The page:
GE announced its partnership with testing services firm Oritain this week, explaining the idea is to help drug firms verify the origin of the FBS the use for culturing by comparing it with reference samples from low risk source countries, specifically New Zeland, the US and Australia.
Robert Curry, GE Healthcare senior product manager for cell culture serum, told us "Since FBS is derived from animals, the presence of virus and other infectious agents in serum is unavoidable and different countries of origin present different levels of risk of these agents being present.
"Consequently, the country of origin is of utmost priority“ he continued, adding "in addition, many manufactures have specific countries of origin written into their regulatory filing. "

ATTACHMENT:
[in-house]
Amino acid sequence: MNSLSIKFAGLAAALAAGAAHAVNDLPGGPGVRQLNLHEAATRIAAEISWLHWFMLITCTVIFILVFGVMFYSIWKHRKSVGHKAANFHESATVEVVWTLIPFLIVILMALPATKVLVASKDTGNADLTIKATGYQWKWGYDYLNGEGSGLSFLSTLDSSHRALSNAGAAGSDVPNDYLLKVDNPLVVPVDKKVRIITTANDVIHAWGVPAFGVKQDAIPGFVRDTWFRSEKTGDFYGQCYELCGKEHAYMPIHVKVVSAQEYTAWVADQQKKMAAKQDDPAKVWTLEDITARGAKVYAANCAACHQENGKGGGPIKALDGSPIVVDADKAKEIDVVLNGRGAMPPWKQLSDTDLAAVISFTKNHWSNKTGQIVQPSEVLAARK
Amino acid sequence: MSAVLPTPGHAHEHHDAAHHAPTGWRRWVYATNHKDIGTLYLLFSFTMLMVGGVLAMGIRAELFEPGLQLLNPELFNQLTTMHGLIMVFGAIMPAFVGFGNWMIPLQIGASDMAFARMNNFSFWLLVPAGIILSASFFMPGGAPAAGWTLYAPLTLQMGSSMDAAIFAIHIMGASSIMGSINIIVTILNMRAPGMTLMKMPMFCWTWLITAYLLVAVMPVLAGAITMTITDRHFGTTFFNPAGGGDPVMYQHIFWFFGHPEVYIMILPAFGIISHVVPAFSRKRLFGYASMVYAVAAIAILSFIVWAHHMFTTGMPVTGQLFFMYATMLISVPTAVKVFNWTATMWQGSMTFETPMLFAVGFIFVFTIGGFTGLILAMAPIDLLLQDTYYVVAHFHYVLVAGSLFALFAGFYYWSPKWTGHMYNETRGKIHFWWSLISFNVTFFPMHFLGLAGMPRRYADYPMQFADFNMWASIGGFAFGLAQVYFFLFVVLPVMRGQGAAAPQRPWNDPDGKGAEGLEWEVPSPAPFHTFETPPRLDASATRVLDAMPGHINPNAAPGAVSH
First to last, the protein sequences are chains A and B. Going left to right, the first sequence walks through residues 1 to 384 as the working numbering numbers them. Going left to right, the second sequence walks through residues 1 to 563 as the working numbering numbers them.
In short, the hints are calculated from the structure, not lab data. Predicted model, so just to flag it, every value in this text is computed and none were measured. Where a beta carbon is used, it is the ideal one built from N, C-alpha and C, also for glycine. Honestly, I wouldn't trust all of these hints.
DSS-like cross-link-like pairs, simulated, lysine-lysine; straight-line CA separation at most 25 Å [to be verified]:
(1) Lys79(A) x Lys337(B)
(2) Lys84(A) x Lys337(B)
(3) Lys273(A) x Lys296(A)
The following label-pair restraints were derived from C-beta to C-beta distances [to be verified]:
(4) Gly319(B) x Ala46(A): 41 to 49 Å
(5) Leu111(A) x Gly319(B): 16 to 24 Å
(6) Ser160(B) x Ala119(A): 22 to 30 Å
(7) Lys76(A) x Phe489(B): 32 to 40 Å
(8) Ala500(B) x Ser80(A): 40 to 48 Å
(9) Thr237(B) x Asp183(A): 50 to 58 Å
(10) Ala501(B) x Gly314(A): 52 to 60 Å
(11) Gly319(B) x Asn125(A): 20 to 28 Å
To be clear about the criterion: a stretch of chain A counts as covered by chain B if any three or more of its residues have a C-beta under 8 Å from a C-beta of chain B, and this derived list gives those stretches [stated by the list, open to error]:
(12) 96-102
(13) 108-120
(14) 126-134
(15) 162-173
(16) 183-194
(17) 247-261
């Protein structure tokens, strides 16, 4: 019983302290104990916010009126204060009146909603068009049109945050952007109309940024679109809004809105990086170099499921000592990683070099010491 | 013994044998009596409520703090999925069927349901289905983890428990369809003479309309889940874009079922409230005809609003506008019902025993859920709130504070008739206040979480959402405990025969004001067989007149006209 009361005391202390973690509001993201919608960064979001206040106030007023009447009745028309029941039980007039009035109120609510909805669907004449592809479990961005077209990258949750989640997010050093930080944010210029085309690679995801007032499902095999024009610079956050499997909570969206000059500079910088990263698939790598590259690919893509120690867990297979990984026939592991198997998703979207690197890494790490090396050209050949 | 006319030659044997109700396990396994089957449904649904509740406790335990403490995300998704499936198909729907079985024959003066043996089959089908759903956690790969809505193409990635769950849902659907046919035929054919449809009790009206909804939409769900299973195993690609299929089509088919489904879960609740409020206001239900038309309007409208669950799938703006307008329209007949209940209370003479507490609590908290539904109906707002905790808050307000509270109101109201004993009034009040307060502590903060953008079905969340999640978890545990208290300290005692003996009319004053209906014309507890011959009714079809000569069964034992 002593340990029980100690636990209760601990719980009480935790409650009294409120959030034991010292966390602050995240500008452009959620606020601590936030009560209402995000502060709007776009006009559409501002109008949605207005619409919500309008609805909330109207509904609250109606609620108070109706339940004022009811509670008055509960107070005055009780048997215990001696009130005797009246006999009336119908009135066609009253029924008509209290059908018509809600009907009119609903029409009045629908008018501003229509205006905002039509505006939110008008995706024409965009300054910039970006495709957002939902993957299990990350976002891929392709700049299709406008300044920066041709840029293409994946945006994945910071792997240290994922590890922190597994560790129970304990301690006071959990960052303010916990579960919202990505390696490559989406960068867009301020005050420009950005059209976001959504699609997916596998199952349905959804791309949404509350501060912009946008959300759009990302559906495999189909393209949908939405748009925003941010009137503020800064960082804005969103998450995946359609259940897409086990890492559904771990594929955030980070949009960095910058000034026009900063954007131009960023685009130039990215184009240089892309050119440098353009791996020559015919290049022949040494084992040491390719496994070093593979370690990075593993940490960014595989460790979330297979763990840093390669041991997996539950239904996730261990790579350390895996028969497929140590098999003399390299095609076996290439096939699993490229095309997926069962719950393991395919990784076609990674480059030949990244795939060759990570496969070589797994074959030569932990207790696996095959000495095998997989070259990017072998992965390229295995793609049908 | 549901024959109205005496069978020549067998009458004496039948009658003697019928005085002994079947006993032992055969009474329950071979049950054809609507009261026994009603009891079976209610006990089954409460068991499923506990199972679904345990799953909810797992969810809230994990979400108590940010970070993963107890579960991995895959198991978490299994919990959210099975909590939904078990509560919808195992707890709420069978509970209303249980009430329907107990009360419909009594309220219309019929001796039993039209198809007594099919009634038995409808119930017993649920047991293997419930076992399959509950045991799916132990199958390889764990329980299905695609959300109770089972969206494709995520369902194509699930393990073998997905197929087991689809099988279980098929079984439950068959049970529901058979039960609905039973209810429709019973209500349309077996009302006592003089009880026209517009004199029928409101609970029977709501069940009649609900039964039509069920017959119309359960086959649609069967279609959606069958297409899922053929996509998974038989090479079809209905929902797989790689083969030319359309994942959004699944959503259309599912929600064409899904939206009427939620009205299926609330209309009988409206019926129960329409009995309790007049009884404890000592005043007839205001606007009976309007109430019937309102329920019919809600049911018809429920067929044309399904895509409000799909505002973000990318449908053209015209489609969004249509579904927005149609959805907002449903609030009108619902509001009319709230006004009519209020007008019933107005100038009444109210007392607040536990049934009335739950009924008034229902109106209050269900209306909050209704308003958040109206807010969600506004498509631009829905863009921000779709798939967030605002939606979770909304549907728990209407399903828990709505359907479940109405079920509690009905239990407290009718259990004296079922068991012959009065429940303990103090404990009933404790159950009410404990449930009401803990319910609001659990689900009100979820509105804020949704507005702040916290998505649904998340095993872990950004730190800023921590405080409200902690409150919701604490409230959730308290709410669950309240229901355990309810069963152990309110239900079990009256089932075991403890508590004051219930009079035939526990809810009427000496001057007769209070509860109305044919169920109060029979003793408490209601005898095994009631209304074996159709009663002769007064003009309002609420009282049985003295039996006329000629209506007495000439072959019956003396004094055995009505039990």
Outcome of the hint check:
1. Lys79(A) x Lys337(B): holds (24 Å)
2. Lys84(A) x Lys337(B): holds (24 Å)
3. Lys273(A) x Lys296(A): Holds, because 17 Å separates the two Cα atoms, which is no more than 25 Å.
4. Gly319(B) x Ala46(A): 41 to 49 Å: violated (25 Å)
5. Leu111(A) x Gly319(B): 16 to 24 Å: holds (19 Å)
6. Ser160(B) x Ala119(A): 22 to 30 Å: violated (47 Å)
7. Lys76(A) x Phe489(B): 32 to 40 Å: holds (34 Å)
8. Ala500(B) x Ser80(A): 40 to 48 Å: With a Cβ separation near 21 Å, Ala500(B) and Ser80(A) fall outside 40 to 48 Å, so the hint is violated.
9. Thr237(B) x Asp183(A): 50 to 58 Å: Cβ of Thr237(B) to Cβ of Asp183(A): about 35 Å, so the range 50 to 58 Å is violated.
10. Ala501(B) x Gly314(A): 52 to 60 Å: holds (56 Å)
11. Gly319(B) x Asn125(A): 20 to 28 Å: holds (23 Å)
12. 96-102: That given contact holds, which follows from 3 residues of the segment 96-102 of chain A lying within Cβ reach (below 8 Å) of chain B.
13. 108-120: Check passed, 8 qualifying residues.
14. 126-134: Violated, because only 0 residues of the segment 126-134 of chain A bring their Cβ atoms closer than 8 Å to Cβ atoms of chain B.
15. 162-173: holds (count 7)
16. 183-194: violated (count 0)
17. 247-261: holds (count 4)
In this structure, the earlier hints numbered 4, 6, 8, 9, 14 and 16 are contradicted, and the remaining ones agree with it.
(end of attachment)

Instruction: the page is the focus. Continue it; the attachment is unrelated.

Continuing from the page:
Serum from low risk countries – those where the icidence of bovine illnesses like mad cow disease and foot and mouth is low – is more expensive than countries where such diseases are more common.
This price difference "opens the door for fraud" according to Curry, who told us "to ensure that the raw sera are from the claimed origin, GE Healthcare has decided to put its sera products through a testing process that goes beyond industry standard practices.”
He explained that Oritain analyzes samples from global sources to create a fingerprint of origin that GE can use for comparative purposes.
The fingerprints “cannot be changed or tampered with in any way without detection as we are dealing with concentrations in the parts per million across over 20 different variables” Curry continued.
He went on to say the testing service will be available to all GE customers, explaining that: “We believe that all our customers will find this technology beneficial, but we envision this testing being a differentiator in Asia where serum fraud is more common.”